The bodies represented in the exhibition currently on display at the Maillol Museum in Paris, until March 5, 2023, conceived and co-organized by the Tempora agency, plunge us into a strange universe and question the status of the human body by sometimes maintaining a blurred boundary between the robot and the human being.
Hyperrealism, presented here under the sole aspect of the sculptural representation of the human body, is part of a broader movement that appeared in the United States in the 1960s in painting as a reaction to abstraction or other styles deemed too classical and inadequate to reflect the society of the time. If the body appears at the beginning of the movement as a product of the consumer society and a political and social fact, from the 1990s it becomes a means of psychic and emotional expression. From then on, artists will never stop questioning this relationship to reality, which is inseparable from a reflection on the body.
The term “hyperrealism” appeared for the first time at an exhibition organized by the Belgian gallery owner Isy Brachot in 1973 in Brussels.
Along a path comprising six sections organized by theme, providing the necessary keys to understanding each work individually, the artists selected at the international level (United States, Spain, France, Australia, Great Britain, Italy, etc.) offer us a new look at the evolution of the human figure. A sculpture by Daniel Firman Caroline (2014) opens the exhibition with the representation of a young woman in sneakers, dressed in a teeshirt and black jeans, whose head and arms are hidden under a green sweater. Her forearms leaning against the wall reinforce the impression of anguish that emanates from this work made of resin from casts, whose resemblance to a real human being confuses the visitor.
All the works presented in this exhibition question the human condition in the era of globalization, whether it be Tom Kuebler’s Ethyl (2001), a silicone sculpture showing an office cleaner, cigarette in mouth, bucket in hand, treated with humor by the painter, or Duane Hanson’s Two Workers (1993), showing two workers of the museum of the city of Bonn realized in bronze from casts but also of anonymous people met in a park such as Blue girl on Park Bench (1980) a work in which George Segal gives to a scene of the everyday life a melancholic tone by insisting on the loneliness in which is the contemporary man lost in a mass society. At the same time, Jacques Verduyn was also interested in everyday life, and in Pat and Veerie (1974) he presents us with one of its summer aspects, in which two women sitting in deckchairs sunbathe, entrenched in a disturbing solitude that questions the border between life and death.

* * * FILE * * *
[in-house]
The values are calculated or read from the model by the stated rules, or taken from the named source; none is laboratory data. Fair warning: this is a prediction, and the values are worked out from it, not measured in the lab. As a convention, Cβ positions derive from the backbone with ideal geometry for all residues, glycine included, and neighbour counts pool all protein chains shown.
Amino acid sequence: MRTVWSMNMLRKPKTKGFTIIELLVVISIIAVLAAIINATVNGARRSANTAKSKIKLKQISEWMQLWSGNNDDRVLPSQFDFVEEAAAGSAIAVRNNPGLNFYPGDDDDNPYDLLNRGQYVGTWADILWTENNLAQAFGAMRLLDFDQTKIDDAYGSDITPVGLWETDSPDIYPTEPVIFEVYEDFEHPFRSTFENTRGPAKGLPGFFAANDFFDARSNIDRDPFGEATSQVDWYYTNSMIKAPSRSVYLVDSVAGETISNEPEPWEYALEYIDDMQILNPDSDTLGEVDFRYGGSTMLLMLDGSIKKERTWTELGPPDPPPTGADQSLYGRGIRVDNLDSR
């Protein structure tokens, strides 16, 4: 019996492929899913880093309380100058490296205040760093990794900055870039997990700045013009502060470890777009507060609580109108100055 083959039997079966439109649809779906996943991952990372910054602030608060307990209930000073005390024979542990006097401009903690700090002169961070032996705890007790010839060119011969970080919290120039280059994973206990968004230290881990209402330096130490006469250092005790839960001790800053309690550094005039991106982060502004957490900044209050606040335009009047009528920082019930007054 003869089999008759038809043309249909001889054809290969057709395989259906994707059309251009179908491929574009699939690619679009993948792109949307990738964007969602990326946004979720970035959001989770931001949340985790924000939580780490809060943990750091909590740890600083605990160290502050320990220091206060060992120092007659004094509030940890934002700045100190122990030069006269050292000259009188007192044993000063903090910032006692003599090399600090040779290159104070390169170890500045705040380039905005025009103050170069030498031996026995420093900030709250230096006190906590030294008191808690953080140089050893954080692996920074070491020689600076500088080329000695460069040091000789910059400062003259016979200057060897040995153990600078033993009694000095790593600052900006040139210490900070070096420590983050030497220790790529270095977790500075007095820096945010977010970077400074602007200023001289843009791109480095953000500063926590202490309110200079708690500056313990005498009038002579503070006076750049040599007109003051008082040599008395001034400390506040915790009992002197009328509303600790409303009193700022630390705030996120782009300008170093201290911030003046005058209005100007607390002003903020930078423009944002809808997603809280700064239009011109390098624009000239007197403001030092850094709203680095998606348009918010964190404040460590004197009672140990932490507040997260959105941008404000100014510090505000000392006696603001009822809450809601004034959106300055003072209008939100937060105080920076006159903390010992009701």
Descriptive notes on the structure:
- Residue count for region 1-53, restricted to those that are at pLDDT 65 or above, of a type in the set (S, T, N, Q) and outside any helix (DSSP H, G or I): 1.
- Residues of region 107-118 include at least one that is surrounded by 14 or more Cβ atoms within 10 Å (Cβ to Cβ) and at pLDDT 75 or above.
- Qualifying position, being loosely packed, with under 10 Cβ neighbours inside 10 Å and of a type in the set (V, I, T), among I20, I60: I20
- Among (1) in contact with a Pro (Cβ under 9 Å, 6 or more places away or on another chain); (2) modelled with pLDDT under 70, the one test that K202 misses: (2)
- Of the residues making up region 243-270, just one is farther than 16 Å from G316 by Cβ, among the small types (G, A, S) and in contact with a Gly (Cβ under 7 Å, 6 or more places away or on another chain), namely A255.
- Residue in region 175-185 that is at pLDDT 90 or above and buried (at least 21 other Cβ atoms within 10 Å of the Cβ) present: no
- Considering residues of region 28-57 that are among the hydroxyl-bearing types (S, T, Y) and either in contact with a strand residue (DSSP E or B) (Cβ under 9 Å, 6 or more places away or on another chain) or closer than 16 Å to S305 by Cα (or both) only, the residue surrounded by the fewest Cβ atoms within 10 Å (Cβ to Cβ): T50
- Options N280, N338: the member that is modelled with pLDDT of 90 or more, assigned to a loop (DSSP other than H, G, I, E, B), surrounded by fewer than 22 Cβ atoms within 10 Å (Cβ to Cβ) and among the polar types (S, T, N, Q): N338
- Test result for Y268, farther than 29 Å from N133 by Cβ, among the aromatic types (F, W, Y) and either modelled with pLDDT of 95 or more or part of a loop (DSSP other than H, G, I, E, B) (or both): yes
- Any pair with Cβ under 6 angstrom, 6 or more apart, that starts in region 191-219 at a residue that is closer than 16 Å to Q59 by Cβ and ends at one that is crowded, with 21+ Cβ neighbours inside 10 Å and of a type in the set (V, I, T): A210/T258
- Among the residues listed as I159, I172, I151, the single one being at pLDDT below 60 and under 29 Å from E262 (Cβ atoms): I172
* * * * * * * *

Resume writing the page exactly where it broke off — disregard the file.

Considered the pioneers of hyper-realist sculpture, Duane Hanson, John DeAndrea and Georges Segal chose to represent the body in a realistic way using various techniques such as casting on live models.
Other artists chose to model and apply polychrome paint to the surface of their sculptures or were inspired by photographic models.
Materials used include epoxy resins, fiberglass with added hair in John DeAndrea’s American Icon – Kent State (2015), a bronze made from a photo taken during an anti-Vietnam War protest on May 4, 1970 where four Kent State University students were shot by the Ohio National Guard, or Dying Gaul (2010) a work inspired by a Roman era marble in which DeAndrea expresses the emotional state of a withdrawn man.